Renaissance Slide Trumpet Replica by Brad Close

I’ve always had a fascination with renaissance slide trumpets, and I wanted to add one to my collection of historical instruments. There’s a wealth of excellent repertoire suited for this instrument, and let’s be honest—it’s one of the coolest and most visually impressive instruments you can perform with. While no period slide trumpets have survived, a few skilled makers have reconstructed them using historical paintings and writings from the renaissance era.

This particular instrument is tuned to D465 (which is equivalent to our modern Eb at 440) and is crafted from sheet seamed red brass. The bell is made using the traditional hand-hammered method, and the overall finish of the instrument reflects the historical scrapped technique. This creates a beautiful aesthetic where you can see the seamed tubes and the hammered markings inside the bell. A period two-piece mouthpiece was also crafted to match, resembling a small trombone mouthpiece with a flat rim and sharp throat.

The instrument has nearly four positions, with an extendable “leadpipe” slide used for pitch adjustments (you hold the mouthpiece and the whole horn moves in and out on the telescoping tube). This design also introduces some challenges, such as inertia issues for the player and a somewhat clunky feel due to the length of the single tube, making it challenging to find notes and play in tune… and also not knock your teeth out. There’s definitely a learning curve involved.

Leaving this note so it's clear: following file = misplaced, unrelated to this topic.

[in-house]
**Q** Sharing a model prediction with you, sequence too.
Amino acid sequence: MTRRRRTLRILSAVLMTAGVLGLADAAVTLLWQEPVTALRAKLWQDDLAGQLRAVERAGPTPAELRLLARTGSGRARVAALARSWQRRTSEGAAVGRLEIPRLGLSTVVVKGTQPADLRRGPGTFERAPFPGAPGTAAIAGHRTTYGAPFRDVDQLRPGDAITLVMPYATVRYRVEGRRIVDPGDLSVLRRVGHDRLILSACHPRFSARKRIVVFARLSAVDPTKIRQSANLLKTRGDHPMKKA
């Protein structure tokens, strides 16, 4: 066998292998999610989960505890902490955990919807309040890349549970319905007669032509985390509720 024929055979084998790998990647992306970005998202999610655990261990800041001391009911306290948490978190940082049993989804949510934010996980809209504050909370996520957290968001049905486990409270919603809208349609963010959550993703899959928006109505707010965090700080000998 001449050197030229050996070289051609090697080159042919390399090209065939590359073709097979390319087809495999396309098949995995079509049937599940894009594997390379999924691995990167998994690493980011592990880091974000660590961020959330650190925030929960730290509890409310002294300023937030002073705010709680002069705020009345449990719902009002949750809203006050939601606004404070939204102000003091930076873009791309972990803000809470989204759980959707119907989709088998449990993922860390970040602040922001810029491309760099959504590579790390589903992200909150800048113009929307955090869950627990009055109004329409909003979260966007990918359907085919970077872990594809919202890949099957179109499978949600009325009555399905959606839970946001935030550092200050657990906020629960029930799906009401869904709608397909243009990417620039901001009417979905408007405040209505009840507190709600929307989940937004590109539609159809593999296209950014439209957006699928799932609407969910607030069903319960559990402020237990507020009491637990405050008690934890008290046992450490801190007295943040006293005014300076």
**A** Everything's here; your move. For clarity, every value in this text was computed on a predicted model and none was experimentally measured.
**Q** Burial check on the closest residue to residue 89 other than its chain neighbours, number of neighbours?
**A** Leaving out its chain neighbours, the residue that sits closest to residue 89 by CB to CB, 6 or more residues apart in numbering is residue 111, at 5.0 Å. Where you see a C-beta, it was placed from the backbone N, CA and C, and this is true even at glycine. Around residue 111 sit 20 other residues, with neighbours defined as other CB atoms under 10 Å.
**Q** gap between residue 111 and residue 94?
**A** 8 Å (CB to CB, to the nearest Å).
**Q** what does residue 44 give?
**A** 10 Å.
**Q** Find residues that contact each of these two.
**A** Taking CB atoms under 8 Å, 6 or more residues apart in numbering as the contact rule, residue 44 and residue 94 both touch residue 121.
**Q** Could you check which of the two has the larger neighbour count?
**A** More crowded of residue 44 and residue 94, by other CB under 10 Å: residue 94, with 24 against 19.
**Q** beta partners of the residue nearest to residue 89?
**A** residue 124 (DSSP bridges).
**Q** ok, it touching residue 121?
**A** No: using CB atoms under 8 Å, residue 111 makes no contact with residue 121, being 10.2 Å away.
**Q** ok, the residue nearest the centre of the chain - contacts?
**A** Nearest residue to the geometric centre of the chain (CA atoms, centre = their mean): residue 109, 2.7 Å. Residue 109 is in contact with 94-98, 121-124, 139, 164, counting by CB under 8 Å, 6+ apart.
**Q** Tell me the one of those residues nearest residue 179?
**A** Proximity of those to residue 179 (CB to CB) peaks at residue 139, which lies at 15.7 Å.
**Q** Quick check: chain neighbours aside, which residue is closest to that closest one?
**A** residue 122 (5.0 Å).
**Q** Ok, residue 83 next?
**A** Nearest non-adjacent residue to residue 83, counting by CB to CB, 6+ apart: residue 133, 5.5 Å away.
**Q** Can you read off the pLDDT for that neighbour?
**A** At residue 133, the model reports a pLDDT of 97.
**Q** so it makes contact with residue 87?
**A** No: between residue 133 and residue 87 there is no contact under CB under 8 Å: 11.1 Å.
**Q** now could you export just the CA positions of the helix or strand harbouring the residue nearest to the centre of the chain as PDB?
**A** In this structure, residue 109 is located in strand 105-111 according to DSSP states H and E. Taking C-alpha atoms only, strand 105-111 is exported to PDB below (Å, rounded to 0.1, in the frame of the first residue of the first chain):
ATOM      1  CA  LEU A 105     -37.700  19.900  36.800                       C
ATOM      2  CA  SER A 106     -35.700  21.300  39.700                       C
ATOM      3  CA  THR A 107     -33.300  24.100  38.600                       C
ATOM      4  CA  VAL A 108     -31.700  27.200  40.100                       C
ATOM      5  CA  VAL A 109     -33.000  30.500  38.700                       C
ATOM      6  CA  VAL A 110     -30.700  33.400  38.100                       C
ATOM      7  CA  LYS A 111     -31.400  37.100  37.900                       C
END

Interestingly, someone smart eventually realized that adding another tube with a U-shaped crook would create a fully chromatic instrument and cut the slide positions in half. This innovation marked the birth of the trombone/sackbut, providing a solution to some of the challenges faced with the renaissance slide trumpet design.